Robert Beltran portrayed Chakotay for all seven season of Star Trek: Voyager. While on Voyager, Beltran, spoke out publicly about his displeasure of how his character was used. He is considered by many to be one of the Star Trek‘s most polarizing characters. He aired his complaints so often, many thought he was intentionally trying to get himself kicked off the show.
Beltran, now 58, is set to appear at next month’s Official Star Trek Convention in Las Vegas. Leading up to that rare appearance, StarTrek.com discussed the Chakotay character with him and his thoughts on Voyager, which has now been off the air for over a decade.
Beltran talked about being cast in the role of Chakotay and his initial hopes for the characters evolution.
My agent asked me if I was interested in going in to audition for the role. I read the “Caretaker” script, although I had no idea no idea of Star Trek. I didn’t know Star Trek from anything. But I liked “The Caretaker” script and the role of Chakotay. So I said, “Yes, I will be happy to go in and audition.” I did, and I got the role. When I was telling friends and family what my new gig was going to be, I was amazed by the response that I got. “You’re going to be on Star Trek! You’re the commander! You’re going to be on the bridge! You’re going to run into this! There’s the Borg! You’re going to die and they’re going to bring you back!’ Everyone knew a lot more than I did. I had no idea what I was getting into. All I knew was that I was going to do this pilot, this two-hour pilot. I had no idea if it was going to go to series. Of course, when you do a pilot you’re obligated to sign up for five years in case it goes to series. And, blah, blah, blah. We did the pilot, we got picked up, and we did seven years. I was pleasantly surprised at what it was all about. Some things, I didn’t like, but there are things I don’t like in every gig that I’ve ever done.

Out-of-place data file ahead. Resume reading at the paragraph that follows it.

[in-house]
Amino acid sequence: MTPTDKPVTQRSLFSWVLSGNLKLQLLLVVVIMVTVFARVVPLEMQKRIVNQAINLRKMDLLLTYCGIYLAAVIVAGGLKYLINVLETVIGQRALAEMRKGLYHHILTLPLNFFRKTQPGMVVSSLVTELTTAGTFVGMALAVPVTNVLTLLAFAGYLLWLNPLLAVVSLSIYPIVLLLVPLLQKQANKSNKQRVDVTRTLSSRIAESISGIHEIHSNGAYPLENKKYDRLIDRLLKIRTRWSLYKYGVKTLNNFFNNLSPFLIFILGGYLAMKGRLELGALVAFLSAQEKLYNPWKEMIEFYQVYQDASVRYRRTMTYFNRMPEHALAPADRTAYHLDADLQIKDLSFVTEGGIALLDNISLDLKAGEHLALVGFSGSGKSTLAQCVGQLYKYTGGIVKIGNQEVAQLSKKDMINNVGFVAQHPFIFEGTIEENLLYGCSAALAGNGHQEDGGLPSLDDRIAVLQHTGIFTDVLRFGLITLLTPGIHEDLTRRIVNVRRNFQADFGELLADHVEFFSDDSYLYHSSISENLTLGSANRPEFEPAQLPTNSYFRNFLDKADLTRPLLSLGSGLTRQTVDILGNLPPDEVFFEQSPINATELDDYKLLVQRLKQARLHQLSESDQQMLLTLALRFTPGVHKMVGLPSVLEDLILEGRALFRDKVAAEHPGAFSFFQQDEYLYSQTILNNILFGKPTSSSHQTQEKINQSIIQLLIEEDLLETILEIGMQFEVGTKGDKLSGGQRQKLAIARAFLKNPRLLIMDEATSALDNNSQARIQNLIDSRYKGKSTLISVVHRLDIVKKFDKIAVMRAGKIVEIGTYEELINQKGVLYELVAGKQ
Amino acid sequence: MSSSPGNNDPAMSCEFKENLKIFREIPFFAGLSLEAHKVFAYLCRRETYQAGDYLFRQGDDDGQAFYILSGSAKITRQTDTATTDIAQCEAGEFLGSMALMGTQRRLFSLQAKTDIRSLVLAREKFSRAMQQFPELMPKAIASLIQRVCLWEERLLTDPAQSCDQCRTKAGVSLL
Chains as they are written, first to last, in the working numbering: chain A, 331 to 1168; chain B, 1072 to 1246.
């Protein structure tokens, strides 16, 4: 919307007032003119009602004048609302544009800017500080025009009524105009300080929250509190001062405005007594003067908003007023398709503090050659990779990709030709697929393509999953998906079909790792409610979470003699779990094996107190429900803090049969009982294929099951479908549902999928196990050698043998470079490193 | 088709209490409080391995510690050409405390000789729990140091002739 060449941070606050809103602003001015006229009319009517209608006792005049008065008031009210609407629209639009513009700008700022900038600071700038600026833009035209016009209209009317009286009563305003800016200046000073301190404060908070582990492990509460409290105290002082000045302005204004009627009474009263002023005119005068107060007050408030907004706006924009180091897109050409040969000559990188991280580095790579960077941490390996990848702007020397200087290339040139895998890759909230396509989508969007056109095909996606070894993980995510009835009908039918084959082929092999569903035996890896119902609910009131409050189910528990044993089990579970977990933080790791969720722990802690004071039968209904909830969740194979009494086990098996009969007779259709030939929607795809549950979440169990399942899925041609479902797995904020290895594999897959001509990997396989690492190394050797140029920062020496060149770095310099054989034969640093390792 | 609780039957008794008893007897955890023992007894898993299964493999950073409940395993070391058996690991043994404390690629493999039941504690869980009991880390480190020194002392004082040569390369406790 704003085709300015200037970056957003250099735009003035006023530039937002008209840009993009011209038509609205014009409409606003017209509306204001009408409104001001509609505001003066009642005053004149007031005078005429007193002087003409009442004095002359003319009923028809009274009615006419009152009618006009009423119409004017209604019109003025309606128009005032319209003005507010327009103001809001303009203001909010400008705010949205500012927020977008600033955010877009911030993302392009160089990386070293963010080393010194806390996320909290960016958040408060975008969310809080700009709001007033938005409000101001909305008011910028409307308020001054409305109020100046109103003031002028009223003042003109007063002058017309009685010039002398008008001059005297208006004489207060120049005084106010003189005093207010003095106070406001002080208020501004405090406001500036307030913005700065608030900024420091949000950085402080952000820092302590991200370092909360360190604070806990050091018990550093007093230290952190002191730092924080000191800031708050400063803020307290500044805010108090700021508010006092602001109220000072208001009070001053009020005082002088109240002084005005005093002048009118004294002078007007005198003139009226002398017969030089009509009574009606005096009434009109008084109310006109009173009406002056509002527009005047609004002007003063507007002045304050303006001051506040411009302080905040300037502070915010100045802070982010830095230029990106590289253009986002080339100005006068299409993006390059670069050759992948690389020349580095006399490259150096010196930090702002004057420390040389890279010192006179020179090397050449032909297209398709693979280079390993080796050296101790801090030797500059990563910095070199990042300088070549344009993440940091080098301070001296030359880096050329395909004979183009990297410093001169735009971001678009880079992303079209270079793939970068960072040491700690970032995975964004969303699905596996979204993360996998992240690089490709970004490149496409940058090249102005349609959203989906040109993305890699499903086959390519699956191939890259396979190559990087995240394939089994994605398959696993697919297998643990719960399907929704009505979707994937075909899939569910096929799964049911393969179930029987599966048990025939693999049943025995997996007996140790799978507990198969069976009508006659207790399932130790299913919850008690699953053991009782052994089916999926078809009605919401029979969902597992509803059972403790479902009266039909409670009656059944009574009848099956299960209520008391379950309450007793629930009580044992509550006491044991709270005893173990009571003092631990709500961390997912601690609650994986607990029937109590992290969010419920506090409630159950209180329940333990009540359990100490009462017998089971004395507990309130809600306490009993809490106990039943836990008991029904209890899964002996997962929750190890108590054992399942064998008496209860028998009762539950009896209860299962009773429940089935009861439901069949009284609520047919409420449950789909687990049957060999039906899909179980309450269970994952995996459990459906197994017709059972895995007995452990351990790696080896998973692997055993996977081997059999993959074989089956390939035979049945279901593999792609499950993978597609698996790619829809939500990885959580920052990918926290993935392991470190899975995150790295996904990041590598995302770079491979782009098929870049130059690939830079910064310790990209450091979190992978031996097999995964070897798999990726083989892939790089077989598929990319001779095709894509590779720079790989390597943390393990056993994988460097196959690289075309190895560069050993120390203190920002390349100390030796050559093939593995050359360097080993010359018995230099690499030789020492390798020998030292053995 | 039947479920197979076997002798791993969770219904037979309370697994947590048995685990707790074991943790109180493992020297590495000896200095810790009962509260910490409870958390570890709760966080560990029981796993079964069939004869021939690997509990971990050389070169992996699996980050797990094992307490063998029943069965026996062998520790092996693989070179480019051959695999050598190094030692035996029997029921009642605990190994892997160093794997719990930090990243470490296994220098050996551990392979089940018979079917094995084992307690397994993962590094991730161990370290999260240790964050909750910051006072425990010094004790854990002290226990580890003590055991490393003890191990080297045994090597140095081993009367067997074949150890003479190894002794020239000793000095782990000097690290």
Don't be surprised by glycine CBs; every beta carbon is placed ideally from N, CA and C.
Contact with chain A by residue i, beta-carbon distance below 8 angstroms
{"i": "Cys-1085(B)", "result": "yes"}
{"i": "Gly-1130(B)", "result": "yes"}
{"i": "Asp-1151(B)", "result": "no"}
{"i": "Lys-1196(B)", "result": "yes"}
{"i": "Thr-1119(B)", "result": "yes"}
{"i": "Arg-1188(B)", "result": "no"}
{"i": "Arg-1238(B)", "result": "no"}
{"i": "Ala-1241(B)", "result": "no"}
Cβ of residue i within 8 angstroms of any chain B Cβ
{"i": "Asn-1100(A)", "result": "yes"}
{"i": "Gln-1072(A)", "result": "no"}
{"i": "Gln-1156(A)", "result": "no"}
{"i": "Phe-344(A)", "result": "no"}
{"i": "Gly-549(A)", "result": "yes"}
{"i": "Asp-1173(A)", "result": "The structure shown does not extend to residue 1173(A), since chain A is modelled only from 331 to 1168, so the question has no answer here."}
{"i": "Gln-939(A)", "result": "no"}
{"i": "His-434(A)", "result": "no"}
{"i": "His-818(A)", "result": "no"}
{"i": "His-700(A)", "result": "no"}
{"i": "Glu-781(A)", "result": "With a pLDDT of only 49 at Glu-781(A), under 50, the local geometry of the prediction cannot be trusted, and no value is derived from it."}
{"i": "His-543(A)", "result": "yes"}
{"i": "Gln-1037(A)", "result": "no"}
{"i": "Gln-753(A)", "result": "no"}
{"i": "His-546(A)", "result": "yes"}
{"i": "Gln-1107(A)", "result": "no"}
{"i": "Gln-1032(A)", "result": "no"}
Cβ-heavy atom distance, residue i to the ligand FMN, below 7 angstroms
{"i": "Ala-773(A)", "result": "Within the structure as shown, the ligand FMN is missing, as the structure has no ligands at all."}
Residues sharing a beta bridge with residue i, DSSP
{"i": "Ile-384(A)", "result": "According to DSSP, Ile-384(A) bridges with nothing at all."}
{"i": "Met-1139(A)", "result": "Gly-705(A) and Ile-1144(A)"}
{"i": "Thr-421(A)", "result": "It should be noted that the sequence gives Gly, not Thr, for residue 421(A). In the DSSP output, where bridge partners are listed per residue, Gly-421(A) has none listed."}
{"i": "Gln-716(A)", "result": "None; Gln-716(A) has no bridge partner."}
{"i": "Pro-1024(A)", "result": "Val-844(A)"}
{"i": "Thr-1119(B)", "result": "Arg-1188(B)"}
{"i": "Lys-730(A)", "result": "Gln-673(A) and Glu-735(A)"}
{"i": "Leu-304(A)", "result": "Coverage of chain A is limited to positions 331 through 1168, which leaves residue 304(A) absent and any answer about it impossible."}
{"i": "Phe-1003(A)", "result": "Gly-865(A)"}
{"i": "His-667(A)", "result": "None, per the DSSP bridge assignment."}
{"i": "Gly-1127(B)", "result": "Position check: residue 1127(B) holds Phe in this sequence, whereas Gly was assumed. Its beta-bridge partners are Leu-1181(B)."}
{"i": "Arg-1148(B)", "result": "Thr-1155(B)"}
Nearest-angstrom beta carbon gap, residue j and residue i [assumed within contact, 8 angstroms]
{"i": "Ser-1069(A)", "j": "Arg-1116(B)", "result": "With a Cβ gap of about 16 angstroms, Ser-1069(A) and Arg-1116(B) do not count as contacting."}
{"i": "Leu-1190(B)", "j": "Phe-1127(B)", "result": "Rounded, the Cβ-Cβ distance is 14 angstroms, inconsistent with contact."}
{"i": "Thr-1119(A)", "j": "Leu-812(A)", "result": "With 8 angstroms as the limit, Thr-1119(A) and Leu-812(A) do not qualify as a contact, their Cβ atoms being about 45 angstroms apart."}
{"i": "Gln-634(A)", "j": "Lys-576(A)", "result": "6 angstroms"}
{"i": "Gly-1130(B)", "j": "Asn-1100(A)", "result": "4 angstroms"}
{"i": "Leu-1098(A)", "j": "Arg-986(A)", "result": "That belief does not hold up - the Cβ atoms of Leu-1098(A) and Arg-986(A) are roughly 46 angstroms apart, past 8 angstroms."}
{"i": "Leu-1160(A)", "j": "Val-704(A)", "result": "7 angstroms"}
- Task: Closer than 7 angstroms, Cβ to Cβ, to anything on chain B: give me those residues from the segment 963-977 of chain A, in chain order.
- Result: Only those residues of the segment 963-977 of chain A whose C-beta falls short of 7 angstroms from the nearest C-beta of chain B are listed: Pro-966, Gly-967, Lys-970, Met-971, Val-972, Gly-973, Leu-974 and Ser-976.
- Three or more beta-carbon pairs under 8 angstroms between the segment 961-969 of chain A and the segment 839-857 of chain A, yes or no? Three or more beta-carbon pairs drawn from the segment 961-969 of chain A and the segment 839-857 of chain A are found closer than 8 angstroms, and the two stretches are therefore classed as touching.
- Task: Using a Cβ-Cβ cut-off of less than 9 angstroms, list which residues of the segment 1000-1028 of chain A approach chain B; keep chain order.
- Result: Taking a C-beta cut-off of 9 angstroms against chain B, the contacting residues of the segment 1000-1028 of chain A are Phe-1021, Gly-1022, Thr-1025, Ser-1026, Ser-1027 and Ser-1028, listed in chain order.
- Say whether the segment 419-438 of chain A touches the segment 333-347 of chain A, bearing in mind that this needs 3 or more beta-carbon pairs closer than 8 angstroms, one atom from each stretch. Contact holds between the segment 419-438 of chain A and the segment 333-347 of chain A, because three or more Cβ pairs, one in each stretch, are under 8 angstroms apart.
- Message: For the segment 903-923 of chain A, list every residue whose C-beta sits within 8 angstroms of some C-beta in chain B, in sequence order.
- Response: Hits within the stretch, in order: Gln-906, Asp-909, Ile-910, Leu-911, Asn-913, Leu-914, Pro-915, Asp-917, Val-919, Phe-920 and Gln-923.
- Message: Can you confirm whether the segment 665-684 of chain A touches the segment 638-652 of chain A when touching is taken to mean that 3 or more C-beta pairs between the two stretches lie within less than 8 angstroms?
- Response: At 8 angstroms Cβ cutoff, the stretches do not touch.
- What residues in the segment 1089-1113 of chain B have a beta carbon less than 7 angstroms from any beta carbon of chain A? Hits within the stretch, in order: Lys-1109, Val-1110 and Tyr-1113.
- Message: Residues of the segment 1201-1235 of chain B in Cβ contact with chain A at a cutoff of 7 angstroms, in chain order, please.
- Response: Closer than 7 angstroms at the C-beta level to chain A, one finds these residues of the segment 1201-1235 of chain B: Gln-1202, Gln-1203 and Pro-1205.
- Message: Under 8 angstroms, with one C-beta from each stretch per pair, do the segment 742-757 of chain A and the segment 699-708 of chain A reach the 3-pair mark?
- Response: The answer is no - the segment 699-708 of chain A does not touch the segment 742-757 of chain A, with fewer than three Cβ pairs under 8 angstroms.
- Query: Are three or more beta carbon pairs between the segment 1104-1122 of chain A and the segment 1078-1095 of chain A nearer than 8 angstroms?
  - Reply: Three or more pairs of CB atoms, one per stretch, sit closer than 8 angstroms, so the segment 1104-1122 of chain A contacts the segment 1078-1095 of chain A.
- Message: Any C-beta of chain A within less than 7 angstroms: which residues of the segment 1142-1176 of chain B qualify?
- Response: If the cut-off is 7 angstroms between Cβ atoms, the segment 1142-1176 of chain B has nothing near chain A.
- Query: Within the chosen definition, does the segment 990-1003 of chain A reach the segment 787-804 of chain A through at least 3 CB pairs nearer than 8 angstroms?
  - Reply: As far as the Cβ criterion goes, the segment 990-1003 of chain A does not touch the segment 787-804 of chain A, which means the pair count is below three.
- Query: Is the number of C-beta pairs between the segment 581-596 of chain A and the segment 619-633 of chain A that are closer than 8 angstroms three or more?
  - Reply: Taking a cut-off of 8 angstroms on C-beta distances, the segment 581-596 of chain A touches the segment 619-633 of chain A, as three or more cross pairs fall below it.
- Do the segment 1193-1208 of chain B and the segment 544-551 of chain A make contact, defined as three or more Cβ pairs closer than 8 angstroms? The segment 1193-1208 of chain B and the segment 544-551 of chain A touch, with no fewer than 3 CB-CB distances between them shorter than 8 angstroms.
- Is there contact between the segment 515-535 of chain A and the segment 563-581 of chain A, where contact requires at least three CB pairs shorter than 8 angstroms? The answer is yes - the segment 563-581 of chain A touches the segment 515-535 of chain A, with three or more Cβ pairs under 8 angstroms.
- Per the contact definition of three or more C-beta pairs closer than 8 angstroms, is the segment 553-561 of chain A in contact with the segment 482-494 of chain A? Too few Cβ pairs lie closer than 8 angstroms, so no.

He went on to discuss what he thought worked and what didn’t about the Chakotay character.
I think what worked is any time you see some kind of interpersonal relationship, it was interesting. For example, you had Chakotay and the captain, Chakotay and Seska, and, the relationship that was thrown together quickly at the end with Seven of Nine. Other than those relationships, Chakotay was kind of a solitary character, at least from season four to seven. I think the first three seasons there were a lot of interesting storylines, and then I think a shift happened in the series after Jeri Taylor left. I think any time that a character has an interpersonal relationship that shows growth, and you could say that clearly about Chakotay and the captain. But after Seska left, it was only that relationship with the captain that had depth to it. Chakotay and Tuvok didn’t have much. Chakotay and Paris didn’t have much. Chakotay and the other characters, there wasn’t much of a relationship there. I always regretted that because there was a lot to explore.
Beltran’s honesty and candor speaking out against Voyager‘s writing and how little Chakotay was used on the show is still a hot topic among Star Trek fans today. He went on to talk about the reaction to some of those comments by the show’s writers and producers.
During the Michael Piller-Jeri Taylor years, they listened intently. It was after that… I guess when Brannon Braga took over, when the Seven of Nine character made her entrance, the focus changed. That was fine with me. That was fine with me, but I think writers have an obligation to fill out all the characters if they’re regular characters on a series. I think several of the characters were diminished – Chakotay and Tuvok and Kim and Neelix. I think it was just easier for these new writers that came on to write stories about the captain and about characters that weren’t really human, like Seven of Nine and the Doctor. Those three characters were kind of all-seeing, all-knowing, omnipotent, and I think a lot of the tension and drama that was available was lost because you have to really dig hard to find tension in all-knowing, all-seeing characters. They know everything, right? They have all the answers. Or else you have a redundancy of the same scene written over and over and over again, with slight variations.
Speaking out against a show that you’re a part of can potentially cause many complications in a workplace. Beltran discussed how his vocal displeasure affected his relationships with the cast and crew.
I don’t know what the effect was. I’m just kind of a blunt person and, because I have brain, I can see problems and so I’m vocal about them. I think a lot of the actors were feeling the same way, but for me it was like, “OK, you can fire me if you want to. Go ahead, and I’ll leave.” That gave me a certain amount of freedom. I was single at the time. I didn’t have to worry about a family like everybody else on the show, except maybe Garrett [Wang]. I felt like I was telling the truth, and if people can’t take the truth, that’s fine with me, but I’m not going to be stifled by the prospect of being fired.
Read the complete two-part interview at StarTrek.com.